It is now generally accepted that diabetes increases the risk for cognitive impairment, but the precise mechanisms are poorly understood. A critical problem in linking diabetes to cognitive impairment is that patients often have multiple comorbidities (e.g., obesity, hypertension) that have been independently linked to cognitive deficits. In the study reported here we focused on young adults with and without type 1 diabetes who were virtually free of such comorbidities. The two groups were matched on major health and demographic factors, and all participants completed a verbal working memory task during magnetoencephalographic brain imaging. We hypothesized that patients would have altered neural dynamics in verbal working memory processing and that these differences would directly relate to clinical disease measures. Accordingly, we found that patients had significantly stronger neural responses in the superior parietal cortices during memory encoding and significantly weaker activity in parietal-occipital regions during maintenance compared with control subjects. Moreover, disease duration and glycemic control were both significantly correlated with neural responses in various brain regions. In conclusion, young healthy adults with type 1 diabetes already have aberrant neural processing relative to their peers without diabetes, using compensatory responses to perform the task, and glucose management and duration may play a central role.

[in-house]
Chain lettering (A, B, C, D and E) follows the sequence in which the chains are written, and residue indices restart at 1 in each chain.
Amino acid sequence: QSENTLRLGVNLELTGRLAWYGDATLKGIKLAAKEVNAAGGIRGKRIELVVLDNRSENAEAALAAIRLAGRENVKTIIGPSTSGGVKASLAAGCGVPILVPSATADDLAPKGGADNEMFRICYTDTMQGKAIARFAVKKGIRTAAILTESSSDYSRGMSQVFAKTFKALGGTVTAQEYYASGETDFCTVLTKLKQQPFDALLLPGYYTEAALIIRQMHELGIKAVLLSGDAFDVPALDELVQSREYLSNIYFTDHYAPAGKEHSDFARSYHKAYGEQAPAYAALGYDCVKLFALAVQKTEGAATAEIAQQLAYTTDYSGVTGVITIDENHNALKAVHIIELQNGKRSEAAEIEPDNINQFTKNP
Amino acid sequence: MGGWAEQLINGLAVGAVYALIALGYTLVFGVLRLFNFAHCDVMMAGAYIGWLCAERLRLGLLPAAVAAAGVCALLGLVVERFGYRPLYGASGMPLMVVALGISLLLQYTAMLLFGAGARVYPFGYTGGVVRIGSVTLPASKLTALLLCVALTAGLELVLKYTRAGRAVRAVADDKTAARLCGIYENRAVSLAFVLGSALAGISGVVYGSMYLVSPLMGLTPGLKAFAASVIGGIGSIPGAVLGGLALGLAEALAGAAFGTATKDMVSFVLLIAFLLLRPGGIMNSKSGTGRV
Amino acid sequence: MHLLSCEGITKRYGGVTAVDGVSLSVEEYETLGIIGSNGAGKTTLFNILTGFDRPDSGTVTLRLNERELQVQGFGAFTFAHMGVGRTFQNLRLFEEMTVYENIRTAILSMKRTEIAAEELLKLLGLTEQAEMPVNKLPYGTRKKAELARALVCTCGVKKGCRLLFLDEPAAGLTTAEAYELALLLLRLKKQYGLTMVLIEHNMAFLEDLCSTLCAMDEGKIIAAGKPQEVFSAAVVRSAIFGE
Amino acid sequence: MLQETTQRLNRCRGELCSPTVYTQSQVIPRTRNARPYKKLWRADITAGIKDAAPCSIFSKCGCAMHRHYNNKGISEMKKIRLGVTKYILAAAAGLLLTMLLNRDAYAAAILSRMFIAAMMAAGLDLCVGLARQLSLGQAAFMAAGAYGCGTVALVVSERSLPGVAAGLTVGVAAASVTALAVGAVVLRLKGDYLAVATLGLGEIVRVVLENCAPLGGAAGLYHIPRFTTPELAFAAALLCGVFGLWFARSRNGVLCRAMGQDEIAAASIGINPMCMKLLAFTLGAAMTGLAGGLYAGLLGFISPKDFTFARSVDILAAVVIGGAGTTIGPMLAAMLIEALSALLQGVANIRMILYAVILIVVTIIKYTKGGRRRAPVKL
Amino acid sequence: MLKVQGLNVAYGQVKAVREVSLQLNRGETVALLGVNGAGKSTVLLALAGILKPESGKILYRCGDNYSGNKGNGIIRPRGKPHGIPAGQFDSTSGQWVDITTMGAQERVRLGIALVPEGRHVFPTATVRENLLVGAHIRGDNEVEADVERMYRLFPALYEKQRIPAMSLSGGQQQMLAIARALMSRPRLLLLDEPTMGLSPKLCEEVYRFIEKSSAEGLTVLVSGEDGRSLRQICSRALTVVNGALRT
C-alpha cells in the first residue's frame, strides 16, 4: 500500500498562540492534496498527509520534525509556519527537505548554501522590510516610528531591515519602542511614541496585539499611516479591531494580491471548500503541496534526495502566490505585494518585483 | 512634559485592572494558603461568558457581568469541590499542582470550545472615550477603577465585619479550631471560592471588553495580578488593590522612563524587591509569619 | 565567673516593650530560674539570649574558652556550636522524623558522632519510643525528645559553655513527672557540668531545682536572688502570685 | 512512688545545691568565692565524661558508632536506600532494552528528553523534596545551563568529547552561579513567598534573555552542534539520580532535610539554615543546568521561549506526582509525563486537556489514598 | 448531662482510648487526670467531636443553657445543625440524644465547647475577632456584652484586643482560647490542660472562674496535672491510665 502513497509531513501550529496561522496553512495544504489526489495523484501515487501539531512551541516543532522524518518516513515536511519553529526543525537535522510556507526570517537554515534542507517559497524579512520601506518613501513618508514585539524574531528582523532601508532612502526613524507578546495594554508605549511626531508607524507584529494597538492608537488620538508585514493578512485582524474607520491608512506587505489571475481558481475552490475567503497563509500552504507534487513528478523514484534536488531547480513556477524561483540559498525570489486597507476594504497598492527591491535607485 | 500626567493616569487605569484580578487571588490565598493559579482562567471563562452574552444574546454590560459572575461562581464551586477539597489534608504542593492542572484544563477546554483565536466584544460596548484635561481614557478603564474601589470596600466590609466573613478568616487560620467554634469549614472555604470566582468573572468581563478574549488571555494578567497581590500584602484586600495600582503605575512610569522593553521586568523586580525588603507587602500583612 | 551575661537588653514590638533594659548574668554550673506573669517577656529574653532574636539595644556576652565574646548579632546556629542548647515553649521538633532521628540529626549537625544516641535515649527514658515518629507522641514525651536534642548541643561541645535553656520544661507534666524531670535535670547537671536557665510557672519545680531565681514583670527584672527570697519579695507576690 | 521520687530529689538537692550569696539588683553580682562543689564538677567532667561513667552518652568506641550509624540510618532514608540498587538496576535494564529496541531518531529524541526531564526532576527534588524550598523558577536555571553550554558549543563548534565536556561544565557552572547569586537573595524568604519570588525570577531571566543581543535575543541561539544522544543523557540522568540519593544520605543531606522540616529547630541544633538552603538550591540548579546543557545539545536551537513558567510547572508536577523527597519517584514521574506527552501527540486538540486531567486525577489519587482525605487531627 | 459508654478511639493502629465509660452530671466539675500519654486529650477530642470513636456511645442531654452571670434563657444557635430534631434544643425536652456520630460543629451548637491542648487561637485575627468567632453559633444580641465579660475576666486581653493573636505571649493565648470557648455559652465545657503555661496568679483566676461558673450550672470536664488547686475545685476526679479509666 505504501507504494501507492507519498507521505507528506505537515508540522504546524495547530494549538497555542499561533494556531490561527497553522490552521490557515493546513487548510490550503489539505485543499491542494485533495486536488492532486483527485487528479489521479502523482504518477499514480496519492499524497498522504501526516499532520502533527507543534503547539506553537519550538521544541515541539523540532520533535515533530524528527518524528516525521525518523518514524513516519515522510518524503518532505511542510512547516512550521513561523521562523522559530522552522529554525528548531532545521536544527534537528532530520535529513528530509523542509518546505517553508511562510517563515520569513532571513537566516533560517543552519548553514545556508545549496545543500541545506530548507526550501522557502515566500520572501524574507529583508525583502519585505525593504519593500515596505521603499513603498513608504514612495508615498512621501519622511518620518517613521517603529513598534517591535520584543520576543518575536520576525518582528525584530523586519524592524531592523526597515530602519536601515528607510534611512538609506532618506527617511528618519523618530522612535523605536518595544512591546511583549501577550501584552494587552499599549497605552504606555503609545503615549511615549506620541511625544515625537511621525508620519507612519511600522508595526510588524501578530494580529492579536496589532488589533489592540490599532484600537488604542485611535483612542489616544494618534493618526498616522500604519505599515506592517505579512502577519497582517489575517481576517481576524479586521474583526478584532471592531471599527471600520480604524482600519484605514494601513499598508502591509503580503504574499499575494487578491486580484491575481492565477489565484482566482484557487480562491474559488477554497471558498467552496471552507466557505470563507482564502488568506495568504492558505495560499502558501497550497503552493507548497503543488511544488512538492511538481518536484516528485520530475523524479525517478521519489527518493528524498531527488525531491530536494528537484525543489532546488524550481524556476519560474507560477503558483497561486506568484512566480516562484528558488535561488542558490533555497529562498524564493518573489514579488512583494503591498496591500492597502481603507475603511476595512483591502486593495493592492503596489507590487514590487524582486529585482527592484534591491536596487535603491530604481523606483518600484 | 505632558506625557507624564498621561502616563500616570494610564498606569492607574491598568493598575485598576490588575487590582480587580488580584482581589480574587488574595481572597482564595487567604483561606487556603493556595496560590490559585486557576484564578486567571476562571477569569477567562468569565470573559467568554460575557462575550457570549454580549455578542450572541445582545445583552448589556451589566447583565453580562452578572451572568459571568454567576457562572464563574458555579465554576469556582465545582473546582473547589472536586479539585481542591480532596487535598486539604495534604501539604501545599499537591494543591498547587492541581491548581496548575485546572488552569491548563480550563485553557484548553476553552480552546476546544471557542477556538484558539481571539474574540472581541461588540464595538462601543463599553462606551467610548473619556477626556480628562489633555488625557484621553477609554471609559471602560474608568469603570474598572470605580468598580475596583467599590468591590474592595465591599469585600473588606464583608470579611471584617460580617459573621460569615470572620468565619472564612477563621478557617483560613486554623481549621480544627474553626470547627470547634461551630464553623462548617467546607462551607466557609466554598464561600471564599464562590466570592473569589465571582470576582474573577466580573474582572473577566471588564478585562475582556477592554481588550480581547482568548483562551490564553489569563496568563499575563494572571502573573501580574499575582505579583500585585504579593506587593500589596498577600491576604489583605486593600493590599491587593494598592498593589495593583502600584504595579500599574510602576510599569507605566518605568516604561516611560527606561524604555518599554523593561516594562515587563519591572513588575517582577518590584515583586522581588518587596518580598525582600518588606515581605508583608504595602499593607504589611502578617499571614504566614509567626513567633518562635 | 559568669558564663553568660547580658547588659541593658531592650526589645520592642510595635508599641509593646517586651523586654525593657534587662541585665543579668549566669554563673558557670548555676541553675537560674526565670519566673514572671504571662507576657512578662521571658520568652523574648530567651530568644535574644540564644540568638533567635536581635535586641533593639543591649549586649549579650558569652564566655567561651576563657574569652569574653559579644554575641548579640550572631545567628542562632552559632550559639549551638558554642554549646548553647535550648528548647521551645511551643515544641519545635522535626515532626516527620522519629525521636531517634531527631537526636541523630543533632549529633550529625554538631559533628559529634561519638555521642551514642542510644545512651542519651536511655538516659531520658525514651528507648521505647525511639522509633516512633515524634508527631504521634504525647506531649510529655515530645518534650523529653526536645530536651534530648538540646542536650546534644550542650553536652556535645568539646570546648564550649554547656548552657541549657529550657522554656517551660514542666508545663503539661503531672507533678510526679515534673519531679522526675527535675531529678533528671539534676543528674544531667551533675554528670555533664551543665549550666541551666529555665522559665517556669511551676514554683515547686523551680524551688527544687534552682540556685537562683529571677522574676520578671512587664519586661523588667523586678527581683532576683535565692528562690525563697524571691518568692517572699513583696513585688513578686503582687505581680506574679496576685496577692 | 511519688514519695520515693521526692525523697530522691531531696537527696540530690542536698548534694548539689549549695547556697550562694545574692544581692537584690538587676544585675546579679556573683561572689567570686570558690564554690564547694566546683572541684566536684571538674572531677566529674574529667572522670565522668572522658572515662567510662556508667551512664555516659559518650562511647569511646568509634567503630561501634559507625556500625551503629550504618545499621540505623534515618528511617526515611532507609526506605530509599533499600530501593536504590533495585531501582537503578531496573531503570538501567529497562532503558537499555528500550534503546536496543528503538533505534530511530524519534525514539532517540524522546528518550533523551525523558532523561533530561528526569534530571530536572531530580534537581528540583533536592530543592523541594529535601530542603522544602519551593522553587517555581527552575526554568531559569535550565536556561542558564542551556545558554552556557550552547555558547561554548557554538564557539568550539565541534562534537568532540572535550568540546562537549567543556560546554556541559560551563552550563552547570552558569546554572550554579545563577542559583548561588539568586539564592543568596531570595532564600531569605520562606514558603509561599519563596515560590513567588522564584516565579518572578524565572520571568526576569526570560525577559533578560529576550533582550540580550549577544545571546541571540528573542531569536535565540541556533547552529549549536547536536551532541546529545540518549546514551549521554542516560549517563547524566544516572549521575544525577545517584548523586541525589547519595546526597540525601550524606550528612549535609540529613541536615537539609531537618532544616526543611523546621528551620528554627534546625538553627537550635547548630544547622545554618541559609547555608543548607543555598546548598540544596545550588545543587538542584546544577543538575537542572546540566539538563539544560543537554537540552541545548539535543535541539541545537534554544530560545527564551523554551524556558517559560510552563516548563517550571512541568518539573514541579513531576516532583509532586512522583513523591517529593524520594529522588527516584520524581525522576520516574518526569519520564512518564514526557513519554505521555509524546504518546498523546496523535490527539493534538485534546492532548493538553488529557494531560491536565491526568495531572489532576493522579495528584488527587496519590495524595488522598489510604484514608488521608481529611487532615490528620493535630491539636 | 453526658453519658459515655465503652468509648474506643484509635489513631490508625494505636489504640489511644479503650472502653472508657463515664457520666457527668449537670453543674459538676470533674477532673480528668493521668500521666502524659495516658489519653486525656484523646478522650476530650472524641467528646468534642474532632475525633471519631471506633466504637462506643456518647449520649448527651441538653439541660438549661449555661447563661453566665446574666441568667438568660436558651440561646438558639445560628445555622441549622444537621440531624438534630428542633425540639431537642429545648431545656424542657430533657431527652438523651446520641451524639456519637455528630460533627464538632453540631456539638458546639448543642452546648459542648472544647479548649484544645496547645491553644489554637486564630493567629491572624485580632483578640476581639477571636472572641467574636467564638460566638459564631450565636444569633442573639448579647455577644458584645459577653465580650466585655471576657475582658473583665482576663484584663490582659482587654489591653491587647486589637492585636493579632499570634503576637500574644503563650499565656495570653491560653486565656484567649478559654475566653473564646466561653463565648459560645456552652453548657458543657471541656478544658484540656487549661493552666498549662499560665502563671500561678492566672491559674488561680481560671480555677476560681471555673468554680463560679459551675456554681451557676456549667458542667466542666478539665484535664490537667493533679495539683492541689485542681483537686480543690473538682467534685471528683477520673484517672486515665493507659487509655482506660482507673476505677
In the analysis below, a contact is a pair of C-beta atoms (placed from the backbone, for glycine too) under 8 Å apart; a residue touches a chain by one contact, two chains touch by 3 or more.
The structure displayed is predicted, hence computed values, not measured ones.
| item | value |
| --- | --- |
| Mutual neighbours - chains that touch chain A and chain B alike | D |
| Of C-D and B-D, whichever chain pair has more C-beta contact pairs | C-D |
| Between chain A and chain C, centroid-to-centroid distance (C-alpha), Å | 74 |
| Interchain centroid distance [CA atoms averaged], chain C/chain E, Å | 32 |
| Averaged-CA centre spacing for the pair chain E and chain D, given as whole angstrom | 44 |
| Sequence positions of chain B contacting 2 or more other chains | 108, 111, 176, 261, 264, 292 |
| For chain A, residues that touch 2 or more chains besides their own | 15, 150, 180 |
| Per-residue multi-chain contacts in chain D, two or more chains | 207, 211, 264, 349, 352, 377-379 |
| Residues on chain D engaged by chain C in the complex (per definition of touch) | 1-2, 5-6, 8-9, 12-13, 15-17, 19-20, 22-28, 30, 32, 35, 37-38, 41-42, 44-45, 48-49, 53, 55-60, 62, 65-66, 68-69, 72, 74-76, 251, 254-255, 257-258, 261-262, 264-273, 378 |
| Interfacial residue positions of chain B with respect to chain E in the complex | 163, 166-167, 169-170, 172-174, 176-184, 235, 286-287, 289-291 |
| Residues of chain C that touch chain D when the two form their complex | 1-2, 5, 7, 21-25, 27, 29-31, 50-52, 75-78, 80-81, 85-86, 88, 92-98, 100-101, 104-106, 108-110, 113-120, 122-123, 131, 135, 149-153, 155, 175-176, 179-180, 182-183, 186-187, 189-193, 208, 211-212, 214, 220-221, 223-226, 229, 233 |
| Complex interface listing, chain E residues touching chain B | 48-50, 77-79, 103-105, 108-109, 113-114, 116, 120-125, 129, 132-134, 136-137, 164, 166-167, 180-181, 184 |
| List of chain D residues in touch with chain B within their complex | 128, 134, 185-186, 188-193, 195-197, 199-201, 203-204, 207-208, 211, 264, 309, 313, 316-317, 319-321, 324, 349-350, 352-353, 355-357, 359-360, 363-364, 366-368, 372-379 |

© 2018 by the American Diabetes Association.